Jack took the box out to his car and ripped open the package. There inside was the gold box and an envelope.

Jack’s hands shook as he read the note inside.

“Upon my death, please forward this box and its contents to Jack Bennett. It’s the thing I valued most in my life.” A small key was taped to the letter. His heart racing, as tears filled his eyes, Jack carefully unlocked the box. There inside he found a beautiful gold pocket watch.

Running his fingers slowly over the finely etched casing, he unlatched the cover. Inside he found these words engraved: “Jack, Thanks for your time! — Harold Belser.”

“The thing he valued most was my time!”

Jack held the watch for a few minutes, then called his office and cleared his appointments for the next two days.*

“Why?” Janet, his assistant asked.

“I need some time to spend with the people I love and say I care for,” he said. “Oh, by the way, Janet, thanks for your time!”

“Life is not measured by the number of breaths we take but by the moments that take our breath away.”

Think about this. You may not realize it, but it’s 100 percent true.

1. At least 15 people in this world love you in some way.

2. A smile from you can bring happiness to anyone, even if they don’t like you.

3. Every night, SOMEONE thinks about you before they go to sleep.

4. You mean the world to someone.

5. If not for you, someone may not be living.

6. You are special and unique.

7. Have trust sooner or later you will get what you wish for or something better.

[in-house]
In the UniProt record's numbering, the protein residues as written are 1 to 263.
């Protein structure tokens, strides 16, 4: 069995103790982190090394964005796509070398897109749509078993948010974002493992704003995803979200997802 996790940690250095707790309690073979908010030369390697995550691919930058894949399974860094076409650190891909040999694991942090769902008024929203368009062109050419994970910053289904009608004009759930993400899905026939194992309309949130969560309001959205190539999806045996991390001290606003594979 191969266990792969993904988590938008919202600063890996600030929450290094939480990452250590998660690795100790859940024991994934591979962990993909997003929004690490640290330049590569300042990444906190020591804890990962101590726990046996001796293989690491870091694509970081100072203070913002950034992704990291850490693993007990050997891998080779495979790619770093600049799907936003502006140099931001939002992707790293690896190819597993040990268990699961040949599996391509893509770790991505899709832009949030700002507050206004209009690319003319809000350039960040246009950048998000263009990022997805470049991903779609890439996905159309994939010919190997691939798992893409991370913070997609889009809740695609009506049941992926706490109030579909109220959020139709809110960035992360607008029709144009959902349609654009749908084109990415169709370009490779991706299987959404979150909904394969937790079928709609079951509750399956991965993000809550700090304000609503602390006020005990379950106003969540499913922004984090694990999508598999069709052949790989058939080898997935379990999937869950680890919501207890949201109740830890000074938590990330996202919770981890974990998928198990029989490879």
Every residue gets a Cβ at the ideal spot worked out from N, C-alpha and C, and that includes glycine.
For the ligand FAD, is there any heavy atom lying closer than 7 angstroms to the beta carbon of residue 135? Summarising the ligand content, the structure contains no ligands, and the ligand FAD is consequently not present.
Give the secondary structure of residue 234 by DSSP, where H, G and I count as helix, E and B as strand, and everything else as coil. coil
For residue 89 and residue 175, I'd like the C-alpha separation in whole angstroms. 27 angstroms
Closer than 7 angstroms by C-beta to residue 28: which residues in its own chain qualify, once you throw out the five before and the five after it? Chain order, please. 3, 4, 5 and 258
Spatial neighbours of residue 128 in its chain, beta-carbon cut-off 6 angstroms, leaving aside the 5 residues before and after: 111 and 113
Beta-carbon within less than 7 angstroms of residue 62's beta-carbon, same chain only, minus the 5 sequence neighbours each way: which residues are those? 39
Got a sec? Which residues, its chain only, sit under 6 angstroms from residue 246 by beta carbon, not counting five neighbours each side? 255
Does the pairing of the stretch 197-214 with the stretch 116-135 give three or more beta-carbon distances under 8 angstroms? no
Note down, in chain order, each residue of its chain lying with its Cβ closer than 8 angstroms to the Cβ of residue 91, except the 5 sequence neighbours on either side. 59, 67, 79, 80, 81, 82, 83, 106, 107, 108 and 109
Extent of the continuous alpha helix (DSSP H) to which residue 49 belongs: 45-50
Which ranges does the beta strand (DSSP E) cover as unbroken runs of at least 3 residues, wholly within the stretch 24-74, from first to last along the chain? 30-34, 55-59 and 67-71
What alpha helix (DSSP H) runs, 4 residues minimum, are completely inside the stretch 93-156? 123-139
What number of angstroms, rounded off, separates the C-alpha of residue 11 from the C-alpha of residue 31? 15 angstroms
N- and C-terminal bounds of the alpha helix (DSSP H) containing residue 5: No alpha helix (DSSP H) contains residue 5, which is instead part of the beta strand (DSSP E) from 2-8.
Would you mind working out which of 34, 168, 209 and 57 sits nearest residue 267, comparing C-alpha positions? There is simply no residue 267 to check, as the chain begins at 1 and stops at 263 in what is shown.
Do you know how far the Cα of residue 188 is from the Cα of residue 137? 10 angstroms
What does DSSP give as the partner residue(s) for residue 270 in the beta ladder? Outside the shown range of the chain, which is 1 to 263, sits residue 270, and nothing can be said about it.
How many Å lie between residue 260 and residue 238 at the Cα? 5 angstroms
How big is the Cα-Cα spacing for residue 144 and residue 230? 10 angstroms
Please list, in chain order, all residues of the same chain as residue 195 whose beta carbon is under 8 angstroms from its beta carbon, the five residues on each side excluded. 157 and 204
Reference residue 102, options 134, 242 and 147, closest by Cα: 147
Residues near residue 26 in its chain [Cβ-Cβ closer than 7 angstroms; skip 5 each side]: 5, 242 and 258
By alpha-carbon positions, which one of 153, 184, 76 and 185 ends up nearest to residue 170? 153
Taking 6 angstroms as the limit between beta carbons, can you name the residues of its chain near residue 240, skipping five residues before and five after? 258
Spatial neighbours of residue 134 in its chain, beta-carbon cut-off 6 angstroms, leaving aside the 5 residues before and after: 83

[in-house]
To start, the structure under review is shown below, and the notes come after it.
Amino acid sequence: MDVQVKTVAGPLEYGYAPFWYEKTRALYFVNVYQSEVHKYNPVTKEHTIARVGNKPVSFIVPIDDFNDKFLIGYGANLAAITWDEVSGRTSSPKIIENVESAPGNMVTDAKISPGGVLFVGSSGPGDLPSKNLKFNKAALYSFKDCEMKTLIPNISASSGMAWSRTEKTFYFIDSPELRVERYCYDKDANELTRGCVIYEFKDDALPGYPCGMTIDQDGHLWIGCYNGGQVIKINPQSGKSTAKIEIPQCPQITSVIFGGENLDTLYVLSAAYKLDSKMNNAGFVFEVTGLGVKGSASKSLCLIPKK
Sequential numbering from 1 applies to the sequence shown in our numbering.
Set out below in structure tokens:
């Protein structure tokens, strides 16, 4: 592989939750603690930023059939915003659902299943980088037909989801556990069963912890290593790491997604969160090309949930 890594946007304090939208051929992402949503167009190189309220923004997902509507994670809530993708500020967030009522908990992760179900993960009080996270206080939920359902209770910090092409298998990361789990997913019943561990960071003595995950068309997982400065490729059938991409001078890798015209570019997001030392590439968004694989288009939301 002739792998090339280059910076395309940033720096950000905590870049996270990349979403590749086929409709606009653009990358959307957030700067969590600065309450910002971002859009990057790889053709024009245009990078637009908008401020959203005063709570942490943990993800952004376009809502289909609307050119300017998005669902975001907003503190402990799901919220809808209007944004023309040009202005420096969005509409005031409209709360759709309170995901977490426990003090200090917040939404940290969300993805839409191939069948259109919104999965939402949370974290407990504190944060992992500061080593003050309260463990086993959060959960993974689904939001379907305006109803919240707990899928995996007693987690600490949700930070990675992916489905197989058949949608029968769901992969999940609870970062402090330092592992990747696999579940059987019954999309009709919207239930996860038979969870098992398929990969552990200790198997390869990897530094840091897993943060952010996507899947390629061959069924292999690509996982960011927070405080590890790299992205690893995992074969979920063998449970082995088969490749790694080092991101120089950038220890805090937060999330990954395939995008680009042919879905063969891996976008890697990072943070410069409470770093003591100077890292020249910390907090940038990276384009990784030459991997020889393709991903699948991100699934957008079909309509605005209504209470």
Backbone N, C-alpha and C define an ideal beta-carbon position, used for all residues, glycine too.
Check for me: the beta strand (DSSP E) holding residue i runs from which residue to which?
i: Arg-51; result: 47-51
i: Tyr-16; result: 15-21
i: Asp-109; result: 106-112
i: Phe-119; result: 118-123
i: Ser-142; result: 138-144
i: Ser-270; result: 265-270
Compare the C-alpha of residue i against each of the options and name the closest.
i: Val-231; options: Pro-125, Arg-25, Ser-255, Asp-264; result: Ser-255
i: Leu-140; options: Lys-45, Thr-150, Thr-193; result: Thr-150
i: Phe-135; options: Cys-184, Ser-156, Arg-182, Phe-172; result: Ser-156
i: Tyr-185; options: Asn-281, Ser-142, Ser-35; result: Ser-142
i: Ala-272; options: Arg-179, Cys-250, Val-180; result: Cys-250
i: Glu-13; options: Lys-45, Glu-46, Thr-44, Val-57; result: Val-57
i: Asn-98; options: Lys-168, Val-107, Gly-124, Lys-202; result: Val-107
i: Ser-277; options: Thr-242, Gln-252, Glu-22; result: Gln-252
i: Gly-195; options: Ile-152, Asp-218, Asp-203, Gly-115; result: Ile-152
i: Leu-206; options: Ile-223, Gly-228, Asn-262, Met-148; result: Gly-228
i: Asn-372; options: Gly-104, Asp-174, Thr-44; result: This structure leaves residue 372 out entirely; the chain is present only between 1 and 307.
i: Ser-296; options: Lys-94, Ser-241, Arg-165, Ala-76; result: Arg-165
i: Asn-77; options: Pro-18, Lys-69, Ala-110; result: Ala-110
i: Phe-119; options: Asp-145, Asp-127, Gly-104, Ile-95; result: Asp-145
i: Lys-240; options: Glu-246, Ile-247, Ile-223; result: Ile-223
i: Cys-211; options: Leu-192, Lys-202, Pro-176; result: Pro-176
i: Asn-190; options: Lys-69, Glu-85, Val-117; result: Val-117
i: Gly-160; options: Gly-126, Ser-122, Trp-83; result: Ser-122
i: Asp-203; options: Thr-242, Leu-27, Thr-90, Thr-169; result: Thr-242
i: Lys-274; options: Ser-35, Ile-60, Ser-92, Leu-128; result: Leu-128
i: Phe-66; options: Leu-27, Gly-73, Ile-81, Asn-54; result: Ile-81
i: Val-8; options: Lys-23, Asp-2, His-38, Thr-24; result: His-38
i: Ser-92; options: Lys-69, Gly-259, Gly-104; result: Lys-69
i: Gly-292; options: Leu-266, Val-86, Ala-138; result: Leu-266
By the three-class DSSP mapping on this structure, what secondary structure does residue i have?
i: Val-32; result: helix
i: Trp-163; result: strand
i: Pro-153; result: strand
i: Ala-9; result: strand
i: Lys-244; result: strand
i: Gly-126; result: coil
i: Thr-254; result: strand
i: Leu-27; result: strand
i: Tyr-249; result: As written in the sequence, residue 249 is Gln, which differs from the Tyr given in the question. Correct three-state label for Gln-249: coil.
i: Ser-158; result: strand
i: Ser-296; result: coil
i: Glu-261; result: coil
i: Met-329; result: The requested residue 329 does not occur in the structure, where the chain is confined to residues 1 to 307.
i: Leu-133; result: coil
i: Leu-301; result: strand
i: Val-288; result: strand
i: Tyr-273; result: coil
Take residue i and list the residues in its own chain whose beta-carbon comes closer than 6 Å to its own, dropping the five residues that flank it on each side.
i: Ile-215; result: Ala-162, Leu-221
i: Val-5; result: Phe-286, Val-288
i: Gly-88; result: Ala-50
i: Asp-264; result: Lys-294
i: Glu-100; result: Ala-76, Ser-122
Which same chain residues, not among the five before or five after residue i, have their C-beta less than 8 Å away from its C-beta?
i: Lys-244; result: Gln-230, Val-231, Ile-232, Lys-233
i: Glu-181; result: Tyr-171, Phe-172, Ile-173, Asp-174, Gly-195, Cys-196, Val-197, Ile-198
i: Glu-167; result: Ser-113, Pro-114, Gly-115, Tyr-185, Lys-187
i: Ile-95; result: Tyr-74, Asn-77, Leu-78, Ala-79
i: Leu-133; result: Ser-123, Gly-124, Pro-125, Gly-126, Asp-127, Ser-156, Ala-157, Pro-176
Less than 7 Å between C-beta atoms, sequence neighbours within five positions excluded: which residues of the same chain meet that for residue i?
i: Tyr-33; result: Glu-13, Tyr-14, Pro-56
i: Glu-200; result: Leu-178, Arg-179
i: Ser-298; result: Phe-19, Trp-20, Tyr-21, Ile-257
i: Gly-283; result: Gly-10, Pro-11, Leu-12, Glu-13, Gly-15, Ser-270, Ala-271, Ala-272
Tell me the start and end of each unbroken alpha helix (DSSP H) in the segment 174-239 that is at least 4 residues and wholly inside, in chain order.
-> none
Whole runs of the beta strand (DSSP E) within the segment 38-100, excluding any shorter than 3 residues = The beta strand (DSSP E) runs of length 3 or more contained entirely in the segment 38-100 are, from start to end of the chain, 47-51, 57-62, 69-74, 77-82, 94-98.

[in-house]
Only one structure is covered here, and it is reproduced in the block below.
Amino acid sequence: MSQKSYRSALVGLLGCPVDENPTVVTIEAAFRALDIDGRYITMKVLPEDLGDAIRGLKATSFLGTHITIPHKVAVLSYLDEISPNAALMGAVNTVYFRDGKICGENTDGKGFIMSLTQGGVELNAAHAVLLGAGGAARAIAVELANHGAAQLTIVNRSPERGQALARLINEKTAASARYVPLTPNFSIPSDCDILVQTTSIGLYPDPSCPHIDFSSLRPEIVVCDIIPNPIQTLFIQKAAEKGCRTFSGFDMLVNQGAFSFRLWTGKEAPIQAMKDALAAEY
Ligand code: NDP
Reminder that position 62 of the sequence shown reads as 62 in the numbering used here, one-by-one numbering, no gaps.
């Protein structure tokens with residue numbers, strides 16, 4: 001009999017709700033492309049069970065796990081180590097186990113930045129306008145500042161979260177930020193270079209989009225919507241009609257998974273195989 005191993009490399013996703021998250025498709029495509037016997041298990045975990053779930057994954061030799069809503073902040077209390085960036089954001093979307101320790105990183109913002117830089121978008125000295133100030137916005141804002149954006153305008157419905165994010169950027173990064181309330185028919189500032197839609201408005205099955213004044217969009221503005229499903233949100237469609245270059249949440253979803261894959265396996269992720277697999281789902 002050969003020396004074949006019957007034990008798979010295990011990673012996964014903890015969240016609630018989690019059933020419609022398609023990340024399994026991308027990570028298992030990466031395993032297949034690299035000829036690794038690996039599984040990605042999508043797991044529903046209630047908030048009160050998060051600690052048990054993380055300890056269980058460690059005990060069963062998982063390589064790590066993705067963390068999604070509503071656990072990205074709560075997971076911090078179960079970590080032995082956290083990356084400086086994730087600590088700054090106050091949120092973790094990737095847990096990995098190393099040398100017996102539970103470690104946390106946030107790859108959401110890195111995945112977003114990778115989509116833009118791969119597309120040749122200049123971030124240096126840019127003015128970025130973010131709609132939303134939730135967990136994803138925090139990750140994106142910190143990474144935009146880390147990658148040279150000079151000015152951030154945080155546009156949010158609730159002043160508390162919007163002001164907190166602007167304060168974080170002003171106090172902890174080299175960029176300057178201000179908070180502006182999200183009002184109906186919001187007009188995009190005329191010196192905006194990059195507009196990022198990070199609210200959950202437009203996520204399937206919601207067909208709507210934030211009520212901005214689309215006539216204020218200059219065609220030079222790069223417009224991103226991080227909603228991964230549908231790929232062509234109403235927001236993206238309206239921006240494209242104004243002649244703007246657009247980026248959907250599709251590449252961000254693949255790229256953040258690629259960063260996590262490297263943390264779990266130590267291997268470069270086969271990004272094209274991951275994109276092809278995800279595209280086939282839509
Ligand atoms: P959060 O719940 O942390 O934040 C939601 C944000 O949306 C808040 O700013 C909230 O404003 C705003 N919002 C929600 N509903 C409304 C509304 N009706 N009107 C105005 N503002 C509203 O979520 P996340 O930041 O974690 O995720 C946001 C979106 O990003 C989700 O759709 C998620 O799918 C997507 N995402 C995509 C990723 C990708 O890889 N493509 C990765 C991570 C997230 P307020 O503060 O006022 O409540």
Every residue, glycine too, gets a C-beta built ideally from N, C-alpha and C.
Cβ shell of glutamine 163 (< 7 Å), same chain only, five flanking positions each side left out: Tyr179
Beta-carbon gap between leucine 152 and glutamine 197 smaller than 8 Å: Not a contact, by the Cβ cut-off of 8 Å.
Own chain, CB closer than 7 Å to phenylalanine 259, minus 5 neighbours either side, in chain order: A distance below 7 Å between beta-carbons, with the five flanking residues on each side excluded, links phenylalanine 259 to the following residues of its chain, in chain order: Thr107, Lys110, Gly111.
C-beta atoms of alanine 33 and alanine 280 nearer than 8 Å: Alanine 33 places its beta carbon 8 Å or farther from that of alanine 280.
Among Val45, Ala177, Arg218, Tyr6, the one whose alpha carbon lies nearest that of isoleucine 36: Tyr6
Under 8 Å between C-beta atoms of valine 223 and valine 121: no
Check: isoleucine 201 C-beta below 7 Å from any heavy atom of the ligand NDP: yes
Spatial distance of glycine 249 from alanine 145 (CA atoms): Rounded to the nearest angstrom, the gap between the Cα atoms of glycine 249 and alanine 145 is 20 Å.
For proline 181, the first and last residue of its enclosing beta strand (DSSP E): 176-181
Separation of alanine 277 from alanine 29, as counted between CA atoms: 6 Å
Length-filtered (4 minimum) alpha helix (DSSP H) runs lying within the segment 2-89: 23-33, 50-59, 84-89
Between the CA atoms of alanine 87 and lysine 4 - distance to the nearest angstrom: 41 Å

8. When you make the biggest mistake ever, something good can still come from it.

9. When you think the world has turned its back on you, take a hard look: you most likely turned your back on the world and the people who love and care for you.

10. Someone that you don’t even know exists loves you.

11. Always remember the compliments you received. Forget about the rude remarks.

12. Always tell someone how you feel about them; you will feel much better when they know and you’ll both be happy.

13. If you have a great friend, take the time to let them know that they are great.

To everyone who read this just now….

*”Thanks for your time.”* ????

If you are a female and over 55… watch this!!!

If you are a female and over 55…Play this video NOW!





Even if you have female grandparents in that age group, this video will be pertinent to suffering a stroke.  What do I get from this video?   I didn’t think of her as needing someone..but after seeing this video, I will pay more attention my wife.  I couldn’t image losing someone I love. As we get on in years, this really hits home; I will cherish each day I wake up and see my beautiful bride.

Another milestone appeared at my bible study…

Are you ready for this?

I don’t raise my RIGHT hand when I yawn!